The first two cases of human rabies for the year 2023 were reported in February and March, from Limpopo and KwaZuluNatal (KZN) provinces, respectively.
The case from Limpopo involved a 2-year-old boy from Thohoyandou, Vhembe District, who was scratched by a dog on the face and neck in December 2022. The child did not receive rabies post-exposure prophylaxis (PEP) at the time of the incident. On 17 February 2023, the child began to exhibit rabies symptoms, including fever, malaise, nausea, vomiting, anorexia, seizures, insomnia, confusion, delirium, hypersalivation, aggressiveness, agitation, hyperactivity, generalized weakness and hypotonia. He died in hospital 10 days after the onset of symptoms. A pre-mortem saliva sample submitted to the NICD Special Viral Pathogens Laboratory (SVPL) tested positive for rabies.
The second case involved a 5-year-old boy from Empangeni, King Cetshwayo District, KZN. Although there was no report of an animal bite, it is presumed that he encountered a rabid animal in the months prior to his death and did not receive PEP. The exact date of the onset of rabies symptoms is not known, however, the child exhibited symptoms of fever, weakness, choking, vomiting, hallucinations, violent behavior, hydrophobia, dysphagia, and hypersalivation. He later died in a local hospital on 27 February 2023. A diagnosis of rabies was confirmed on a post-mortem skin biopsy sample submitted to the NICD SVPL early in March.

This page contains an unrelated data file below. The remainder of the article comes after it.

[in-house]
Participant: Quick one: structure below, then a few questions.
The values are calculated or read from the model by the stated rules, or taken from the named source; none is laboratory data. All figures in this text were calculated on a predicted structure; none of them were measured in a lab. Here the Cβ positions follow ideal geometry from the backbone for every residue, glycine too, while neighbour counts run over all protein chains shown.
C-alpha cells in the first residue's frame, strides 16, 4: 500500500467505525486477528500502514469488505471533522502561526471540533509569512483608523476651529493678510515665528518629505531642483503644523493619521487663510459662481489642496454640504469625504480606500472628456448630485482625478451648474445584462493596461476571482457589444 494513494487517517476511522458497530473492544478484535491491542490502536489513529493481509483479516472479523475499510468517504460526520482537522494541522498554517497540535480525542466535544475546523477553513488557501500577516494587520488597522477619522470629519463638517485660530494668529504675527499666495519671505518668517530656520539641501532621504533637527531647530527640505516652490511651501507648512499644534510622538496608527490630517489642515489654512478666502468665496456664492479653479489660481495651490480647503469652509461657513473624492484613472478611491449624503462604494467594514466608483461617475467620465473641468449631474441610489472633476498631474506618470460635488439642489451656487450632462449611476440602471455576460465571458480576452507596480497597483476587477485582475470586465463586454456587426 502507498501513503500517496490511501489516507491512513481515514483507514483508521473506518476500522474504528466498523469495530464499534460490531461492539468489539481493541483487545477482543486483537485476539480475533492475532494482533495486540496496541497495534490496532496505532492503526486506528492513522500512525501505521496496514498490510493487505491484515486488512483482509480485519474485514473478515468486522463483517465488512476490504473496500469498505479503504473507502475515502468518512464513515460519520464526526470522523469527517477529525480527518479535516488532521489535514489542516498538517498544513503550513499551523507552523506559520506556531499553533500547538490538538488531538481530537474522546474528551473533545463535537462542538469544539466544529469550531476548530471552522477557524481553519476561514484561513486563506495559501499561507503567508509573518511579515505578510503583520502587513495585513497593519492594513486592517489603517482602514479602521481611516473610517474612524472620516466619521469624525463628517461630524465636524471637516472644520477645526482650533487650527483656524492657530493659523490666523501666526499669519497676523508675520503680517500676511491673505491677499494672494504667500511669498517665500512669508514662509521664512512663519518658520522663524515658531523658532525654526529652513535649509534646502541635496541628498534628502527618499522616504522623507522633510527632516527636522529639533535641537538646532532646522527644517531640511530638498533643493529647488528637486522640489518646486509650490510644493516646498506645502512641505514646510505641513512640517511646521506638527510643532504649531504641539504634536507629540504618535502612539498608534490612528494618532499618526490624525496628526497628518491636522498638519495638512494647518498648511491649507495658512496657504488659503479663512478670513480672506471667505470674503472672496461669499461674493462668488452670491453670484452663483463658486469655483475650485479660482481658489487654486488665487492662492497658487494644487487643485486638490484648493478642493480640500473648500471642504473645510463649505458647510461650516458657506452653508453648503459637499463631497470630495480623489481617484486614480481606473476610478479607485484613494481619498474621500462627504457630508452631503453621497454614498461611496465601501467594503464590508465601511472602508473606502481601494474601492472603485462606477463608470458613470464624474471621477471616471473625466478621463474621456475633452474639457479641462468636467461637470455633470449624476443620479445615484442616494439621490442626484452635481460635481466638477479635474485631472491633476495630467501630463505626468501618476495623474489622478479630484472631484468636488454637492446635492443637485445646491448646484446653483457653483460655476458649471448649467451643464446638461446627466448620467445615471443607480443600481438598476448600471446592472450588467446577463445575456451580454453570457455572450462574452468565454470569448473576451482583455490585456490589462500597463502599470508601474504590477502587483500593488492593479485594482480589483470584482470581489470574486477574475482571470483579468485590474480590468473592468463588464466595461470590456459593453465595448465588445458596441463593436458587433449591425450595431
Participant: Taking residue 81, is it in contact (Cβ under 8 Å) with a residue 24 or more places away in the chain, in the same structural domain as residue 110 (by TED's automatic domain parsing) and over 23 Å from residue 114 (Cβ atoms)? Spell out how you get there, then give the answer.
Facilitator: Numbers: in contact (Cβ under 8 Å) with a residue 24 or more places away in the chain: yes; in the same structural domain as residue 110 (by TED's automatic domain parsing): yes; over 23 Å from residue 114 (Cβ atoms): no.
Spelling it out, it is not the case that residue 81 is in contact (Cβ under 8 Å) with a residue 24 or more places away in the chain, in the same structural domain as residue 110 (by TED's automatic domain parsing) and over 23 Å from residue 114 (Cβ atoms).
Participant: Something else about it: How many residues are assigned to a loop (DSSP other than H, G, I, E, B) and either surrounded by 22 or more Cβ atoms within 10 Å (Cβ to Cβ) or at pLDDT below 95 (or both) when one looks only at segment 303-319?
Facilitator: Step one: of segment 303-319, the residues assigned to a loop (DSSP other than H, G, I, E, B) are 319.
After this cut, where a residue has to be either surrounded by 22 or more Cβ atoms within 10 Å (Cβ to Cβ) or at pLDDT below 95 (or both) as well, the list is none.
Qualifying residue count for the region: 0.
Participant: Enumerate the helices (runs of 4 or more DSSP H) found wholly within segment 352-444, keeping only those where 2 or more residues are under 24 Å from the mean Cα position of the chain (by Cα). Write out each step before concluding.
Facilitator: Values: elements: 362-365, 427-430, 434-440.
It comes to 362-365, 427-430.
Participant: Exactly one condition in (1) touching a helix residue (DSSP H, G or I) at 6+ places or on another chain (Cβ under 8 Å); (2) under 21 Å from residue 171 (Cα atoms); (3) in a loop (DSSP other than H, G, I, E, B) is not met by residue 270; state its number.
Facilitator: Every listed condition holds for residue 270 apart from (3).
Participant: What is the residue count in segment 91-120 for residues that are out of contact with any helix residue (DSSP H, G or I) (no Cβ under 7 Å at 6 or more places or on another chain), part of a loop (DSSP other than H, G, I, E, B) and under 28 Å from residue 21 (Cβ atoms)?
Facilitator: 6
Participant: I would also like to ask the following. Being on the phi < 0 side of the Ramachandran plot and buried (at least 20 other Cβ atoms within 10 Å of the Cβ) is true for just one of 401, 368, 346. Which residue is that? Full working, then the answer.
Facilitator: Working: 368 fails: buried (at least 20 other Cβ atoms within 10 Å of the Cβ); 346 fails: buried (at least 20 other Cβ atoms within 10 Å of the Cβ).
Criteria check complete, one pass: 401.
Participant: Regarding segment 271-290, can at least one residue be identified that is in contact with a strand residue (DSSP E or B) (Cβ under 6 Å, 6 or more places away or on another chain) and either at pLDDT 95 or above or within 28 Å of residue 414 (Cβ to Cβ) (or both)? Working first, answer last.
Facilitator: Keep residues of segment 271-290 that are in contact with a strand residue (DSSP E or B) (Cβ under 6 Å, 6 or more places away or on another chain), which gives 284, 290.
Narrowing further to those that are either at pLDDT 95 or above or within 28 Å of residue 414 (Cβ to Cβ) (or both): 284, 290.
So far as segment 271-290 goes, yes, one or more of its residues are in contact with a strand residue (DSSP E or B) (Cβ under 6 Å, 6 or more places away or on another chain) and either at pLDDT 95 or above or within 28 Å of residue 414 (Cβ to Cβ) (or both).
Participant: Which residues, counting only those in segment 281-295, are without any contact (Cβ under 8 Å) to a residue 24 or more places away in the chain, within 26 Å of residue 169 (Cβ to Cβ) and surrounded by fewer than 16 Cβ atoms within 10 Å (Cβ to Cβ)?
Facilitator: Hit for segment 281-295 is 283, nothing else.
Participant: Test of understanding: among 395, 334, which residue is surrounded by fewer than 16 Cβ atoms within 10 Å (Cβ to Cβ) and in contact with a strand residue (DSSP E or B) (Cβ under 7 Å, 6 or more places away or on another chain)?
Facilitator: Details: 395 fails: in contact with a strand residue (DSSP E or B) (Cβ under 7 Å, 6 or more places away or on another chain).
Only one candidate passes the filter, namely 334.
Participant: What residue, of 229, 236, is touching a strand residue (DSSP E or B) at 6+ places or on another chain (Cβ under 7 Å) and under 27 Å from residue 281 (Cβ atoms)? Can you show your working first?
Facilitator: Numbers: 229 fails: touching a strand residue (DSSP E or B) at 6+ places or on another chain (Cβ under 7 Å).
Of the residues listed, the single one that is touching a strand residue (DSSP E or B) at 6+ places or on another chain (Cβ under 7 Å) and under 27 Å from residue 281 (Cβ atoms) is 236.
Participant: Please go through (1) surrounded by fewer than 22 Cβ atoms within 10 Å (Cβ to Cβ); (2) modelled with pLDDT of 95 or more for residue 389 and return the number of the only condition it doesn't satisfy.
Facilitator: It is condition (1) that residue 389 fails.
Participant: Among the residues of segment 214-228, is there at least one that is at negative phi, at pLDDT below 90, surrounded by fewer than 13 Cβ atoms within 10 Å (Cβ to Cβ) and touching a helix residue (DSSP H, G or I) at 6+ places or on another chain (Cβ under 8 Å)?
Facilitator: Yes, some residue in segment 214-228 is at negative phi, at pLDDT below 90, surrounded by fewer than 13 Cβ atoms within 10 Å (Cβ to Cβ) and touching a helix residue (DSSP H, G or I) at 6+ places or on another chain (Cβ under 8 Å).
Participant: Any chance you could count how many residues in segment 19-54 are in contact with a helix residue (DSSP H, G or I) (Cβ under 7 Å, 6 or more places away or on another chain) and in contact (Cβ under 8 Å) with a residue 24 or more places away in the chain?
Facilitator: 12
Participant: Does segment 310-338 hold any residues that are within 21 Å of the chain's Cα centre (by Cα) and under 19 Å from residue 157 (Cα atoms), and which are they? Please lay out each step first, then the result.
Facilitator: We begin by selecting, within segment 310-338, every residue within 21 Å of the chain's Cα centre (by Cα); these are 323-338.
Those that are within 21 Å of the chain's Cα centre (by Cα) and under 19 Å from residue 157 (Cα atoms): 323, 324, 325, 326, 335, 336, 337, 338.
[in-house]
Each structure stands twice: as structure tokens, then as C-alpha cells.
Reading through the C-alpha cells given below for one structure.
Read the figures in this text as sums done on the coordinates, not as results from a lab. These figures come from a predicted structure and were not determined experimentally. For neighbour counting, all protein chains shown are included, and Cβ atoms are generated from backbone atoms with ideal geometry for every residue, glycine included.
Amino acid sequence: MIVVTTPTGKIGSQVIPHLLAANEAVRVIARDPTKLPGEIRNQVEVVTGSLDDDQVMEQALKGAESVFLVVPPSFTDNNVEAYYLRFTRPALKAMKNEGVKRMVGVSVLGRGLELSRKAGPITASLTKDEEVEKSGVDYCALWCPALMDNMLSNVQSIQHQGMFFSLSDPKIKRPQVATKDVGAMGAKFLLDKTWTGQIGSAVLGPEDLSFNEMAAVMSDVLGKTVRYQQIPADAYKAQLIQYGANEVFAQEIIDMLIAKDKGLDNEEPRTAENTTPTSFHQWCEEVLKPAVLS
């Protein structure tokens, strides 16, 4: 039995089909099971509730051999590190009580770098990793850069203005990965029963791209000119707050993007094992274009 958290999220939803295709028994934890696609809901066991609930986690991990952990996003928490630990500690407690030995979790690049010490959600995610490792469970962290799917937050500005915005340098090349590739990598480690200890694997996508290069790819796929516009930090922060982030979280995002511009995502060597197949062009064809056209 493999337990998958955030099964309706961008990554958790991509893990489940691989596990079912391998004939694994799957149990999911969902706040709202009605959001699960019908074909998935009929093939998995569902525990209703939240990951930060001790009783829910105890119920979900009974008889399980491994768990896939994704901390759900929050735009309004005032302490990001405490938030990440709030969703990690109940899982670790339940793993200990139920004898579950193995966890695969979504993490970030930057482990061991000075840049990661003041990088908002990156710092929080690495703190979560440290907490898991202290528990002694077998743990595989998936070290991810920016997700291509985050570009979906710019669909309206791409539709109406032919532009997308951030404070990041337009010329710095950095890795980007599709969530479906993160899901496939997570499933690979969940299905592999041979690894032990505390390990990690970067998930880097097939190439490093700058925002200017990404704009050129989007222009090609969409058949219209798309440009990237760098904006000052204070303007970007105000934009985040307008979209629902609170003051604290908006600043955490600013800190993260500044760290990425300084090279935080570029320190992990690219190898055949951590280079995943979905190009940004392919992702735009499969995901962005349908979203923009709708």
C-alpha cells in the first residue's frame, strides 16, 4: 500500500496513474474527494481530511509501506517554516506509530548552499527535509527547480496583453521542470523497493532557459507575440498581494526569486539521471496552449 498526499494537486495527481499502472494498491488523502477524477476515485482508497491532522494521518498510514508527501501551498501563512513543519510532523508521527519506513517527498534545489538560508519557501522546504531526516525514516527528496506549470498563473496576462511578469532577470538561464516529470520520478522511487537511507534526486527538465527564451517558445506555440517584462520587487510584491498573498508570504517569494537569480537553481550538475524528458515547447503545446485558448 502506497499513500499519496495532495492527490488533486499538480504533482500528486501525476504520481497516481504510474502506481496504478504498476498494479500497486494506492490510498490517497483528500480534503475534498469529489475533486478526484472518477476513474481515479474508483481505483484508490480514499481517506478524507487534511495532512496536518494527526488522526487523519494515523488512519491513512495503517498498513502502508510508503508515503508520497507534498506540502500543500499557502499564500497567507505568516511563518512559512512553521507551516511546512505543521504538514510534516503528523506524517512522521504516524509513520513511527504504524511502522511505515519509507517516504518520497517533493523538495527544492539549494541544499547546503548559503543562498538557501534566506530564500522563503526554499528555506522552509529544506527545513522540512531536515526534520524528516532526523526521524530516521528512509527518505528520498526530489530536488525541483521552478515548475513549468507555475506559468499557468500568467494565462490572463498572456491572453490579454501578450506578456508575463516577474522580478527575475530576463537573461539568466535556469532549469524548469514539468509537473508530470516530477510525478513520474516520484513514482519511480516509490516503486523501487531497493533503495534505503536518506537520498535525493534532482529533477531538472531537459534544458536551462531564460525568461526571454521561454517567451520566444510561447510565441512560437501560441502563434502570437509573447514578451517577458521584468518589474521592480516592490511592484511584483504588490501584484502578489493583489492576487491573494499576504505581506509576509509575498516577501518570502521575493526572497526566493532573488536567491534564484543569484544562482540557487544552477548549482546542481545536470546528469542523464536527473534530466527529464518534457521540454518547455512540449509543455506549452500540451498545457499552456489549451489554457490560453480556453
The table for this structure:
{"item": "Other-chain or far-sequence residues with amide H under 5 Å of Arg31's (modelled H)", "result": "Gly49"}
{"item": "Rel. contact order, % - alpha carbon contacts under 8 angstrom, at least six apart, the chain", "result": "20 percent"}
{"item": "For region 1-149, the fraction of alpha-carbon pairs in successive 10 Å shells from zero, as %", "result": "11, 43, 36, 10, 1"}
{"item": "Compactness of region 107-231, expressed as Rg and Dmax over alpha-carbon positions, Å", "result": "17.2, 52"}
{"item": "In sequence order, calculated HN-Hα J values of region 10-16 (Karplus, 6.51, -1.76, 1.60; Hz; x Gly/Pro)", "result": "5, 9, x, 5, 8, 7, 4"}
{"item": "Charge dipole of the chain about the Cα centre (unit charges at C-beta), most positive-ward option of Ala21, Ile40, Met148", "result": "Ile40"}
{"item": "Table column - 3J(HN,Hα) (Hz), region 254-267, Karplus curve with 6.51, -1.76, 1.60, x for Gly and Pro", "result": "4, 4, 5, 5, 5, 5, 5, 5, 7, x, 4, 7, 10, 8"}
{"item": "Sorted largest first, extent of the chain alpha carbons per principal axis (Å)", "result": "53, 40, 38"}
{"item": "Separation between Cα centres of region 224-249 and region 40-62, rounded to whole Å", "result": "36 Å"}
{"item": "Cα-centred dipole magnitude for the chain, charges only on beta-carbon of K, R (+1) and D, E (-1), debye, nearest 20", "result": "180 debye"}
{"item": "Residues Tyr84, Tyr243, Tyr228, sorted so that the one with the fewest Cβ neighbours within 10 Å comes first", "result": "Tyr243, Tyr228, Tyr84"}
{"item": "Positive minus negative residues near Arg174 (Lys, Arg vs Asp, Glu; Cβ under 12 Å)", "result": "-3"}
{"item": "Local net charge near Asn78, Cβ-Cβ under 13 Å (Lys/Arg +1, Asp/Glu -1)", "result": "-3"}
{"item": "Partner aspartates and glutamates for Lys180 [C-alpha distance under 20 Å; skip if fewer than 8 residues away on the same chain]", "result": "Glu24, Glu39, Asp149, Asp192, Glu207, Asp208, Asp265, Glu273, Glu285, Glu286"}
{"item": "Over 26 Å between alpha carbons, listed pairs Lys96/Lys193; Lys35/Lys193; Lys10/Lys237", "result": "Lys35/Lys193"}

These cases highlight the need for prompt rabies PEP following exposure to a rabid animal to prevent the occurrence of human rabies. The World Health Organization (WHO) recommends a One Health approach that involves mass dog vaccination, rabies risk awareness and community engagement, proper wound care, and prompt rabies PEP for the prevention of rabies.